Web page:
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The Dangers of Mistaking Health & Wellness Apps for Medical Grade Tools

By Daniel Piekarz, Vice President of Business Development, Life Sciences for DataArt

The title of a recent mHealth article reads “Health apps ‘useless’ says health app expert”. That expert, George Margelis, received a bit of criticism for publicly stating what, from my experience, is an honest statement regarding how many doctors feel about health apps and wearables. Is mHealth useless to doctors, or are most doctors not seeing the big picture? I do not think Dr. Margelis meant that mHealth as a concept, or that all mHealth apps are useless to doctors. According to the New England Journal of Medicine, there were over 97,000 mHealth apps available on the market last year. Some experts suggest that the mHealth industry is exploding and expect to see 1.7 billion users by 2018, according to The Journal of mHealth. With all of the companies jumping into mobile health, and the huge number of users, there is obviously more value here and it is not all hype. 

With over 97,000 apps on the market today, how many of them actually provide medical benefit? Not a whole lot of them, unfortunately. As of today, the FDA has only reviewed and approved a very small number of mHealth applications, between 100-150. The FDA’s stance is that it intends to review any mobile apps that are to be used as an accessory to a regulated medical device, or to transform a mobile platform into a regulated medical device. There are a number of apps that have passed FDA approval, offering a wide variety of functionality, from diagnostic imaging, electrocardiograms, glucose monitoring, blood pressure monitoring, to ophthalmoscopes. Yet there are thousands and thousands of apps that claim to offer all sorts of medical diagnoses for diabetes, blood pressure, identification of skin cancer, and many other areas without FDA approval.

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How is it that these companies are able to release thousands of applications to handle all sorts of medical conditions marketed directly to patients without any oversight? Let’s take a look at Apple’s discussion with the FDA regarding wearables, as it gives a great example of the mHealth loophole. According to the FDA, “A glucometer, for example, may be unregulated if the intent is for a user to follow their blood sugar for the purposes of better nutrition,” but not to treat diabetes. A quick peek at the disclaimer for Doctor Mole’s melanoma identification app specifies that it is for educational purposes. Other apps that seem to provide medical diagnosis specify that they are for entertainment or fitness. Apps like the blood pressure monitoring app I just downloaded say nothing about their intended use, but according to the app, I have low blood pressure and Bradycardia. This is a gross misdiagnosis as I know that my blood pressure is usually slightly elevated. Anyone who is to use such an app to keep track of their blood pressure may find themselves assuming they are fine when in fact they have dangerously high blood pressure levels.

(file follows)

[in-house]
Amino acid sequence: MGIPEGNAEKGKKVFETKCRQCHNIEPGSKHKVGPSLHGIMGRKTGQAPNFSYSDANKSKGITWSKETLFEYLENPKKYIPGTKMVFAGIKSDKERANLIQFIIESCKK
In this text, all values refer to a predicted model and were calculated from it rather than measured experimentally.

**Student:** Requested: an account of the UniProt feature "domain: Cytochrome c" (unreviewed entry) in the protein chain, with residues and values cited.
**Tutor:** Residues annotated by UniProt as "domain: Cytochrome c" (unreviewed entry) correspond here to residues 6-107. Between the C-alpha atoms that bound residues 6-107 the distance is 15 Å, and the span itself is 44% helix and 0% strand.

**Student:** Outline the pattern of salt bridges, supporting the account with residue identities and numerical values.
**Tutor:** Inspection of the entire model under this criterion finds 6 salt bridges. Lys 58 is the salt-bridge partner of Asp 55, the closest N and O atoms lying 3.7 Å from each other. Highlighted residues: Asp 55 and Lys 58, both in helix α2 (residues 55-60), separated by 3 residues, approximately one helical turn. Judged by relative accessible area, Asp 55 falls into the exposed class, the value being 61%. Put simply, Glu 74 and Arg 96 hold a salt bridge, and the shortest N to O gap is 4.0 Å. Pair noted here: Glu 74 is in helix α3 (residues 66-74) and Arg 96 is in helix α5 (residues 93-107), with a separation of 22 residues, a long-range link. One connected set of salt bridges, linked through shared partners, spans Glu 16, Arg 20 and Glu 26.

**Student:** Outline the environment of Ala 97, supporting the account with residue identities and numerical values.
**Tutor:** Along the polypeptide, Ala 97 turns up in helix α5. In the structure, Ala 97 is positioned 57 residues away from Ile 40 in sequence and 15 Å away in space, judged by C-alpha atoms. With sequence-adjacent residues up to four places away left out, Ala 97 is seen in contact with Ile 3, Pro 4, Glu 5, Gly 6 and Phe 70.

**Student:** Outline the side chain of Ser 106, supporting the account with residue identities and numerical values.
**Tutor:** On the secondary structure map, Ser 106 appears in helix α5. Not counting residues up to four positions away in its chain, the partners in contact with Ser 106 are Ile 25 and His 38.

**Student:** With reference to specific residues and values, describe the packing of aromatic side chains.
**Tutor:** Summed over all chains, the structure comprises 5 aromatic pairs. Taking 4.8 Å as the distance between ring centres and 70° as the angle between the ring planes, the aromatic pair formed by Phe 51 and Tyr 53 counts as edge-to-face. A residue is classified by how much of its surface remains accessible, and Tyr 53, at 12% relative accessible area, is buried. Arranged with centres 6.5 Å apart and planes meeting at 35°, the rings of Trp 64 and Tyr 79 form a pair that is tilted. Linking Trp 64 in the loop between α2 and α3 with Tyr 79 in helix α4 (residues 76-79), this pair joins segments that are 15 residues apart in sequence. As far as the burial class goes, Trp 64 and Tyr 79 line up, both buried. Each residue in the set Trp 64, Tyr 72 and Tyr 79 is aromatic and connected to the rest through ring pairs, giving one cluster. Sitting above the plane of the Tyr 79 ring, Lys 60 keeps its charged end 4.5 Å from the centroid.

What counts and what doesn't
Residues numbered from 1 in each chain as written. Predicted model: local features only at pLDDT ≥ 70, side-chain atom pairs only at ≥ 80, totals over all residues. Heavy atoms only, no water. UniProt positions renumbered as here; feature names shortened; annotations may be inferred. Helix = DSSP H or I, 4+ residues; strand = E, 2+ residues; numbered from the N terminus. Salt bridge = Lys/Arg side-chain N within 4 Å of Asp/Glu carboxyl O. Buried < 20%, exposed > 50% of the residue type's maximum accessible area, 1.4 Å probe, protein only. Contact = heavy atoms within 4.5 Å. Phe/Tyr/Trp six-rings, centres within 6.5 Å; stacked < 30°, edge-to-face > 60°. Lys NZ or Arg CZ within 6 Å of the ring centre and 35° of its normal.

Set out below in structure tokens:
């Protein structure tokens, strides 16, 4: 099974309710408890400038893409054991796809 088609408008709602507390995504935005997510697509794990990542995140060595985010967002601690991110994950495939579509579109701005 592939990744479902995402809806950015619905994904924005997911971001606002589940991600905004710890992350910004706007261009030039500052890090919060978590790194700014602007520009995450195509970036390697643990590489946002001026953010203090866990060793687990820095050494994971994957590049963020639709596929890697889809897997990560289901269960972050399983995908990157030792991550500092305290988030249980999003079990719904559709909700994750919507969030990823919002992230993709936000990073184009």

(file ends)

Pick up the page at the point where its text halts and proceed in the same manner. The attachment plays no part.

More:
While Dr. Margelis’ comments may have been overly harsh, there is a ring of truth in what he is saying. A quick search on the internet for the best mHealth apps show that the majority of the apps available are focused on tracking fitness and nutrition. While there is obvious benefit to the users of these apps, most doctors are not going to be interested in monitoring your Fitbit data. The best mHealth apps that focus on treating or monitoring medical conditions do provide real clinical utility, but they are a needle in a haystack compared to all the inaccurate apps clogging the mHealth industry. Even worse than the fact that most mHealth apps are useless to doctors, is the fact that some of them may be dangerous to users who assume they are getting accurate information from the apps they download.  

So the real question is how do we control the mHealth industry and reduce the potential risk to end users without killing the rapid innovation that is hidden within? The FDA does not have the bandwidth to test and regulate every app that is released, but some level of regulation that makes sure app developers make it obvious if the app is medical quality (FDA approved), for education, fitness, or entertainment would be a great start. For now, the mHealth industry is buyer beware though.

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  1. Nice piece Daniel and I couldn’t have said it better. Not necessarily personalized medicine is it? Need some safety and security built in, or this in-and-of-itself will become the next global pandemic.

  2. Thanks Dan – Well written and explained. This very issue has had me concerned as mHealth and the future Health IoT developers and investors rush towards building an app/device and building a company to subsequently sell. Ultimately, will the app be beneficial, or might it potentially be harmful to actual or perceived health of the end-user? Your comment “how do we control the mHealth industry and reduce the potential risk to end users without killing the rapid innovation that is hidden within?” is well stated.

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